Philip Hammond backs down over self-employed NICs

UPDATE: Picking on the little guy isn't smart in politics, as the chancellor has discovered.

by Adam Gale
Last Updated: 15 Mar 2017

UPDATE: So Philip Hammond's budget plans to hike national insurance contributions for the self-employed didn't last a week.

While a willingness to change your mind when confronted with convincing new arguments is the mark of intellectual maturity, this U-turn has more to do with the hail of criticism Hammond has received, largely from within his own party. 

Some of this was centred on accusations of breaking the 2015 manifesto pledge not to raise NI, but it's also a sign of the sympathy the general public has for the country's nearly five million self-employed people.

While some of them may indeed have gone solo in a fiendish ploy to exploit the tax benefits, that's just not the majority experience. Mostly, these are just people trying to make ends meet, as permanent employment has become harder to come by. 

Was he right to try to level the playing field, or was this just picking on the little guy? Below is our assessment from budget day on the rights and wrongs of the NIC hike.

Budding entrepreneurs, gig economy workers and the self-employed will not have greeted Philip Hammond’s first budget with much enthusiasm. The chancellor has hit them with a double whammy: national insurance contributions for the self-employed will go up, while the tax-free allowance for dividend payments will go down.

Predictably, journalistic inboxes were soon deluged with comments.

‘We are worried that the government increasingly sees the self-employed as an easy target,’ said Ed Molyneux, CEO and co-founder of cloud accounting business FreeAgent.

‘The Chancellor has delivered yet another blow the gig economy,’ added Charles Urquhart, employment partner at Clyde and Co.

‘If you are one of the hardworking self-employed people who face a significant increase on your tax bill, you might feel that the Chancellor has it in for you,’ said Chris Bryce, chief executive of IPSE.

But is it really that hostile? Hammond’s logic is that it is unfair to those in traditional employment - and costly to the Exchequer - to continue to subsidise the self-employed, when the apparent reasons for the discounted rates have been significantly eroded.

On the one hand, the new state pension narrows the formerly considerable gap in weekly payments between the two groups by allowing the self-employed to receive contributions-based pensions on top of the basic state pension.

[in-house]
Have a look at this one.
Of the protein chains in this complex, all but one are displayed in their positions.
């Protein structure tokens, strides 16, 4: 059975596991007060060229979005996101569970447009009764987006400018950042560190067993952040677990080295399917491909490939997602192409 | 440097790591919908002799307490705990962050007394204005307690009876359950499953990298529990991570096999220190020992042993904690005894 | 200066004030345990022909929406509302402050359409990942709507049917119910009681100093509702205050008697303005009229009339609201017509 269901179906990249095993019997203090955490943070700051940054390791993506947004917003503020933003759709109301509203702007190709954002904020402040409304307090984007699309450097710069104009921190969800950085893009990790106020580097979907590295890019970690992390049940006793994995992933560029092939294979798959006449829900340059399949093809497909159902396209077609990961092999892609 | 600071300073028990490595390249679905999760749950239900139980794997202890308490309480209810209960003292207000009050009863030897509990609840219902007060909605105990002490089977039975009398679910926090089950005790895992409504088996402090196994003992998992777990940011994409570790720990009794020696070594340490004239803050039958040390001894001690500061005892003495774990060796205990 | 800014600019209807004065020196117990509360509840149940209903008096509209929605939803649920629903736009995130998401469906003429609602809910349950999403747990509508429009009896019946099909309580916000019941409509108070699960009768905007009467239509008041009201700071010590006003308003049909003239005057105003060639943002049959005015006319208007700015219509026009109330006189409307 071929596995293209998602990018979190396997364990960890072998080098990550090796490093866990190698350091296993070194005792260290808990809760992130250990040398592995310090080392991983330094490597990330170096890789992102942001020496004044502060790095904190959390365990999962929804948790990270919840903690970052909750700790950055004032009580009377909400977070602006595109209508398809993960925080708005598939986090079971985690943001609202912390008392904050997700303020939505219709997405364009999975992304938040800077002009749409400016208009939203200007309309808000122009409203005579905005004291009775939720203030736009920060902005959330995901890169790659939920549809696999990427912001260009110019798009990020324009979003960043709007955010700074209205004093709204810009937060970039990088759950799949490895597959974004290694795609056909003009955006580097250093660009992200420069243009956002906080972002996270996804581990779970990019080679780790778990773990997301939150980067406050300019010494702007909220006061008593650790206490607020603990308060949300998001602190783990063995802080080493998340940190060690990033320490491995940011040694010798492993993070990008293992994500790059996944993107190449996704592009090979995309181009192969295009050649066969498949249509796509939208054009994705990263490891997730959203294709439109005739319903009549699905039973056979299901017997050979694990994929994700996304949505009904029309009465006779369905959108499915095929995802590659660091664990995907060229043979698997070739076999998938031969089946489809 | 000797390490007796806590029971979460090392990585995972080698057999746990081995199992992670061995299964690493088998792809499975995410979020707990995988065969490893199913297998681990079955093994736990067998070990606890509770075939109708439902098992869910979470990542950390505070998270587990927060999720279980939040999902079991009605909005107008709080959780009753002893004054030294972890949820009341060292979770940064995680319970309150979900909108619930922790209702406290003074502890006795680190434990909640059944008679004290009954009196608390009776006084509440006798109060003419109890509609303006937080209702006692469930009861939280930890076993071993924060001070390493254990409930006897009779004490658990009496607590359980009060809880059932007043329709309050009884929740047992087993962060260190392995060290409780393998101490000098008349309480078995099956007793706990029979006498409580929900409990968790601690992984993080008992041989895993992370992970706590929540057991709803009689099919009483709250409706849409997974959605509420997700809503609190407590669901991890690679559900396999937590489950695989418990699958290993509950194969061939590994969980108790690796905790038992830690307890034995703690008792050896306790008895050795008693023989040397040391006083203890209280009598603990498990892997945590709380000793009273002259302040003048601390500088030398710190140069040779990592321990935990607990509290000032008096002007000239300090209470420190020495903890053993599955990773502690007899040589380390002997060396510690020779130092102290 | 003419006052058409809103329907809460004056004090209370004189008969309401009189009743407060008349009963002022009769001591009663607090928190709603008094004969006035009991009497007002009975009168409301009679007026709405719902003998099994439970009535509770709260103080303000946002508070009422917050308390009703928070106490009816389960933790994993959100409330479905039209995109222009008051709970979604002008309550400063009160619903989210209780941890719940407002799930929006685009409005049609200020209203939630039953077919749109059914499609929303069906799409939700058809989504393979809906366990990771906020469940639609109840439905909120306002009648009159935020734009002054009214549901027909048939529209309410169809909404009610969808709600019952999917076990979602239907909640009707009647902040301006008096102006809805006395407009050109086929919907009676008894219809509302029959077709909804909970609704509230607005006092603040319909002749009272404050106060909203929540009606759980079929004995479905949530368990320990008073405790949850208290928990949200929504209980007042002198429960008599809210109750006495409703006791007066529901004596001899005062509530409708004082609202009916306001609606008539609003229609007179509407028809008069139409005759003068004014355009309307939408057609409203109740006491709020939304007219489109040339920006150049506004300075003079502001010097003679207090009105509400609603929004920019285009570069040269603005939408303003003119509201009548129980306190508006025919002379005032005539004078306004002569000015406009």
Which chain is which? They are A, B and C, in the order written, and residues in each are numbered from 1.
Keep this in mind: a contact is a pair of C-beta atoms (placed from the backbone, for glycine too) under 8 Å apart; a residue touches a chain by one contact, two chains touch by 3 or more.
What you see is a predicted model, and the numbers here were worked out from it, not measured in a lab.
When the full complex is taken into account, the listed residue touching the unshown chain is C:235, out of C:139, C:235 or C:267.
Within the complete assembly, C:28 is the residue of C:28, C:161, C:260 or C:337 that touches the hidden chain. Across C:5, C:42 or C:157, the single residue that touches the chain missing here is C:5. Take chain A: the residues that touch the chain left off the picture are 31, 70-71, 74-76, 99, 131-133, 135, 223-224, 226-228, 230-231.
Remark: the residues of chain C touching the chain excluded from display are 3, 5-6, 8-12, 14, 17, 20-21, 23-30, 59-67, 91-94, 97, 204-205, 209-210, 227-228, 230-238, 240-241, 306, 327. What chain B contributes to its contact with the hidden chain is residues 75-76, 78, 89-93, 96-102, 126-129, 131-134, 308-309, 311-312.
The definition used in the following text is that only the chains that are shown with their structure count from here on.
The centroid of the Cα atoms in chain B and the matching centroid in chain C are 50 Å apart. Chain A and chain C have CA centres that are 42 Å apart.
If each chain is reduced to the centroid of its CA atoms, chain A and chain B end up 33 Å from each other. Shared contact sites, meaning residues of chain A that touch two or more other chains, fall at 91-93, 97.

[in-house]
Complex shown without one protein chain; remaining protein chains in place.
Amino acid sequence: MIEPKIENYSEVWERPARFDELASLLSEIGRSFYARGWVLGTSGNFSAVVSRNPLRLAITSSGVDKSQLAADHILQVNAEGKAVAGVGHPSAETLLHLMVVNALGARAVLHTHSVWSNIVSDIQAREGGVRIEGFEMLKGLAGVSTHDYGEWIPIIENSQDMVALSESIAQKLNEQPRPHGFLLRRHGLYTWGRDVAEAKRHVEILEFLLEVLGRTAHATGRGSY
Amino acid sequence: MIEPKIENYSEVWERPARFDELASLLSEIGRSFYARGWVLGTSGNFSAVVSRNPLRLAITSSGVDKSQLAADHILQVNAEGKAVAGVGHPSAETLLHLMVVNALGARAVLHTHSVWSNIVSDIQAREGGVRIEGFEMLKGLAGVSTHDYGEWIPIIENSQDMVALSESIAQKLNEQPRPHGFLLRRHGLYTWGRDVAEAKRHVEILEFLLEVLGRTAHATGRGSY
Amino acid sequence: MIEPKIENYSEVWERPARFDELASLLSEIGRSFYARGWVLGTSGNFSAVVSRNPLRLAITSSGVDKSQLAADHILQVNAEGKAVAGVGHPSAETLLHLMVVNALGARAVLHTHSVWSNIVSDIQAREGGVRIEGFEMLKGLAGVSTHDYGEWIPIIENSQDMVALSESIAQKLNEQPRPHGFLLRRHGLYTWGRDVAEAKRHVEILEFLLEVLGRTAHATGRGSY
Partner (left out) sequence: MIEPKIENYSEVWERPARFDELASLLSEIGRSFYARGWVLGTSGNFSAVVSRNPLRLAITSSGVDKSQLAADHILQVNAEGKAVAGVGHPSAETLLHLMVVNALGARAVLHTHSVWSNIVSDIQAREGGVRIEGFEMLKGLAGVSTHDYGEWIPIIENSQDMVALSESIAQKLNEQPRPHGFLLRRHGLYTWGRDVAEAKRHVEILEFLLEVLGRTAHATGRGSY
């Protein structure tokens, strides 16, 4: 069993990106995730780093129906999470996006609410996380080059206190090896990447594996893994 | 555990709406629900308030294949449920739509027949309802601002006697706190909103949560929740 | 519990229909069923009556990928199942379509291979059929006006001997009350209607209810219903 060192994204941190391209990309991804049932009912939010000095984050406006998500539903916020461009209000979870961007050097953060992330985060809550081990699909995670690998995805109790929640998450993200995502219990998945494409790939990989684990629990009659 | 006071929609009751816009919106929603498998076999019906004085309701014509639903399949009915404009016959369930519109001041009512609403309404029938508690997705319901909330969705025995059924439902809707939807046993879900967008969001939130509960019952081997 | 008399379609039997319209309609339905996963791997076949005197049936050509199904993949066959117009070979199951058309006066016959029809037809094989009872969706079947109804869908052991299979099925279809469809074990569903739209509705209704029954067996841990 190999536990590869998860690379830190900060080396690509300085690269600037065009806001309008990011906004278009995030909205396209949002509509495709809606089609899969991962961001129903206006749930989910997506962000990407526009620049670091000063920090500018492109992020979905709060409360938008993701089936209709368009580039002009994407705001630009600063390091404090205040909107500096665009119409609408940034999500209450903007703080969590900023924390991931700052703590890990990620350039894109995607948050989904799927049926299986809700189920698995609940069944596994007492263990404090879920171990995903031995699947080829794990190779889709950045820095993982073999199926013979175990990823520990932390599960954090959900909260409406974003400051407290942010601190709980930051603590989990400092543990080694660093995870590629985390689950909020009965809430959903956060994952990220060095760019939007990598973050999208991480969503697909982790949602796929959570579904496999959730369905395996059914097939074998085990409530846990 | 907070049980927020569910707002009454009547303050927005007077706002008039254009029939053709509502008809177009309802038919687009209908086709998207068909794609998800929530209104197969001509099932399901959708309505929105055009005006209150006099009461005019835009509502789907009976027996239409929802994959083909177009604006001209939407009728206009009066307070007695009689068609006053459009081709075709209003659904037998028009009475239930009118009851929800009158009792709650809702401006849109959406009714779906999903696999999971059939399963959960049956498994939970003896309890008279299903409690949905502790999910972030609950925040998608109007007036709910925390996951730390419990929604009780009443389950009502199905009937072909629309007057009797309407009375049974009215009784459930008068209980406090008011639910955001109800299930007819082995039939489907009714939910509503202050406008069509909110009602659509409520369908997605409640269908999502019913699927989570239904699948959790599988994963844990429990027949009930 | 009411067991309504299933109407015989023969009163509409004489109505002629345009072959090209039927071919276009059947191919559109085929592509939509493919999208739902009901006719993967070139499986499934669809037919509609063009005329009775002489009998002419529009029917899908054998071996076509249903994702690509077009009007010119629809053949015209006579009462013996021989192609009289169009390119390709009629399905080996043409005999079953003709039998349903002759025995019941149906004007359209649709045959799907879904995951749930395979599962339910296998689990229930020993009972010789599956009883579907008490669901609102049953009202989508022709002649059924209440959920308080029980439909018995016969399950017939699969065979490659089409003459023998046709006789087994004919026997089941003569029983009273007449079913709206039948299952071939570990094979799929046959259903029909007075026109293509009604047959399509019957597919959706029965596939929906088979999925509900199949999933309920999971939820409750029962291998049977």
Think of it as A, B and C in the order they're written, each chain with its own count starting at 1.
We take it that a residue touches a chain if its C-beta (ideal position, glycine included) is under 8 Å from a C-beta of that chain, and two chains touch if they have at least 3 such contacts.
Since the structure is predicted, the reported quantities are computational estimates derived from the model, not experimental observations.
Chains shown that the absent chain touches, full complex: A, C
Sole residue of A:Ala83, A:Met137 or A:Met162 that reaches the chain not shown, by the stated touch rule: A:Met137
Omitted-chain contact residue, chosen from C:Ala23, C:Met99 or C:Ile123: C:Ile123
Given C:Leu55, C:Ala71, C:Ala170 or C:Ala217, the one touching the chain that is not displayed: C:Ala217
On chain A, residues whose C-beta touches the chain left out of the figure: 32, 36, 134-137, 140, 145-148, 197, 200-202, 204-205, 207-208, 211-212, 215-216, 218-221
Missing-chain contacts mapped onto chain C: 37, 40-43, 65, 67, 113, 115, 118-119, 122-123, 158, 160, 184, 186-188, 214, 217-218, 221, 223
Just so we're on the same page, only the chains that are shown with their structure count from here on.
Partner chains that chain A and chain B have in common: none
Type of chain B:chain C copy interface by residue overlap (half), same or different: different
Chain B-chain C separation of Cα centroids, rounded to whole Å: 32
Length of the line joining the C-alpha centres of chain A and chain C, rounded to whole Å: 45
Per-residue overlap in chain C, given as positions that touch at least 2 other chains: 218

On the other, there are apparently plans to be announced later this year to address the disparity in parental leave rules (that is, employed people are currently entitled to paid parental leave, while the self-employed clearly are not).

The problem with this thinking is that there are other factors that count against the self-employed: no paid holiday, no employer pension contributions and, of course, much less security. Going self-employed is a risk.

The question is whether that risk should be subsidised at all. Hammond cites RSA chief executive and MT contributor Matthew Taylor, who is writing a review on the changing world of work, in saying that a lot of people are becoming self-employed precisely because of the tax incentives involved. If they are essentially doing the same job but paying less tax, then surely that is an incentive that ought to be shut down.

The counterargument is that it penalises entrepreneurship and modern, flexible ways of working that many people prefer.

Who’s right depends on who the self-employed actually are. Are they budding entrepreneurs or casual workers, £300 an hour lawyers trying to save on tax or Uber drivers trying to make ends meet?

They are of course all of them. People go self-employed for a variety of reasons, not all of them of their own choosing (there’s a reason businesses like hiring contractors – it makes them more agile, a useful quality in uncertain times). They are found at all levels of the economic spectrum, in all sorts of sector.

In truth, this policy probably won’t deter or cripple sharp-suited, big-dreaming entrepreneurs, because it doesn’t fundamentally alter the risk proposition of a dynamic, high-growth start-up for wannabe Mark Zuckerbergs.

It probably won’t hurt the poorest of self-employed people either – Hammond pointed out that the already announced abolition of lower-level Class 2 NI payments will cancel out the increases for those earning less than £16,000 a year. But those in the middle, earning the equivalent of average wages, it will hurt and it will deter.

Is that worth the trade-off, the extra cash and perceived fairness? Clearly Hammond thinks it is. Let us know what you think below or on Twitter.


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